Seth Godin’s Random Kindle Thoughts

Echoing many of the themes that have come up here, author and new media/marketing guru,  Seth Godin posts his thoughts on Kindle, having actually owned one for two months (unlike yours truly, who merely speculates on the known unknowns!). A few points resonate:

 It changes (at least for me) what it means to buy and own a book.

I’ve often thought (and said) that cultural change is harder than technological change, and this statement nails it really eloquently. The social practices surrounding the book experience are much broader than just the reading – kindle et al might have the screen and reading  bit down pat, but the rest isn’t there yet.

Word processing didn’t work because it was typing but a little cheaper. It worked because it was better than typing. Email didn’t work because it was mail but a little faster. It worked because it was fundamentally better than snail mail…

Builds on the previous bit. Cultural shifts won’t happen without some kind of motivation. E-Books have to be better than p-books, not the same in a new package.


The pricing of books is whacked. $9.95 is a publisher-friendly price, not an author-friendly or reader-friendly price.

The easiest way (maybe the only way) to shift social practices is to appeal to the hip pocket nerve (although the experience of very expensive *new* cultural practices like downloading ringtones suggests that people are less cost-sensitive when they’re offered something new and exciting to play with). And it appears that the book trade just doesn’t want to explore the possibilities of the new:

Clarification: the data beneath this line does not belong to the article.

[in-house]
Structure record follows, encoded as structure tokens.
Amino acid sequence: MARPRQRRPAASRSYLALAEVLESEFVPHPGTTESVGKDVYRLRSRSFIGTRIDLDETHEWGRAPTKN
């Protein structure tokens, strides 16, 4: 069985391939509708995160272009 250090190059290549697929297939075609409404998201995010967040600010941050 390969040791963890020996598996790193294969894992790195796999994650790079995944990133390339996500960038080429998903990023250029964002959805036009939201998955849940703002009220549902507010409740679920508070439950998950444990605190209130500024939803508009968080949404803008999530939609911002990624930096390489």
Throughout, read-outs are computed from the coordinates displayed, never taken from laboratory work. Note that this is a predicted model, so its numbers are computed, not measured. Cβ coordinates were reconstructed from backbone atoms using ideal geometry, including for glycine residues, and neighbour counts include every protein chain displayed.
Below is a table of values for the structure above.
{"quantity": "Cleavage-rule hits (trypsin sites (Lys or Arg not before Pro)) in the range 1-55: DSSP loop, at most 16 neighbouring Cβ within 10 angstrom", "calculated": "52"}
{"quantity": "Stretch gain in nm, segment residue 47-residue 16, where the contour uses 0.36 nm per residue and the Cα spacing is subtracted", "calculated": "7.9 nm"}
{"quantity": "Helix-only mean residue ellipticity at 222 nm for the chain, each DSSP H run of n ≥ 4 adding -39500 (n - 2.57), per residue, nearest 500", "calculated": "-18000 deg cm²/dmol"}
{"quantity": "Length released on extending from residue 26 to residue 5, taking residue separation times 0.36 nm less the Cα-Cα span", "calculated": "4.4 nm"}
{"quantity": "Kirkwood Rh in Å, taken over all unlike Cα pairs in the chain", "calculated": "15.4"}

My first thought is that every Kindle should ship with $1,000 worth of free books on it. I offered Amazon rights to as many of my books as I control if they would just agree to put em free on every Kindle. They declined.



3 comments so far

  1. Jen Li on

    I think even before cultural change, we need education. There are so many people who are yet to realise that the Kindle and the Iliad are actually /different/ to reading on a computer screen, and that’s usually the first response I get when I ask booksellers whether they think the e-book will take off–that people don’t like reading on screens.

    I’m still not an advocate of the e-book, though 🙂 I love paper!

  2. overnightprints on

    I totally agree with Jen Li.

  3. shermanfyoung on

    Hey Jen

    I think the idea of cultural change incorporates a whole range of social practices surrounding (in this case) the book which need to shift before things start changing on a big scale. And you’re right, education (in whatever form it occurs) is a necessary part of this.



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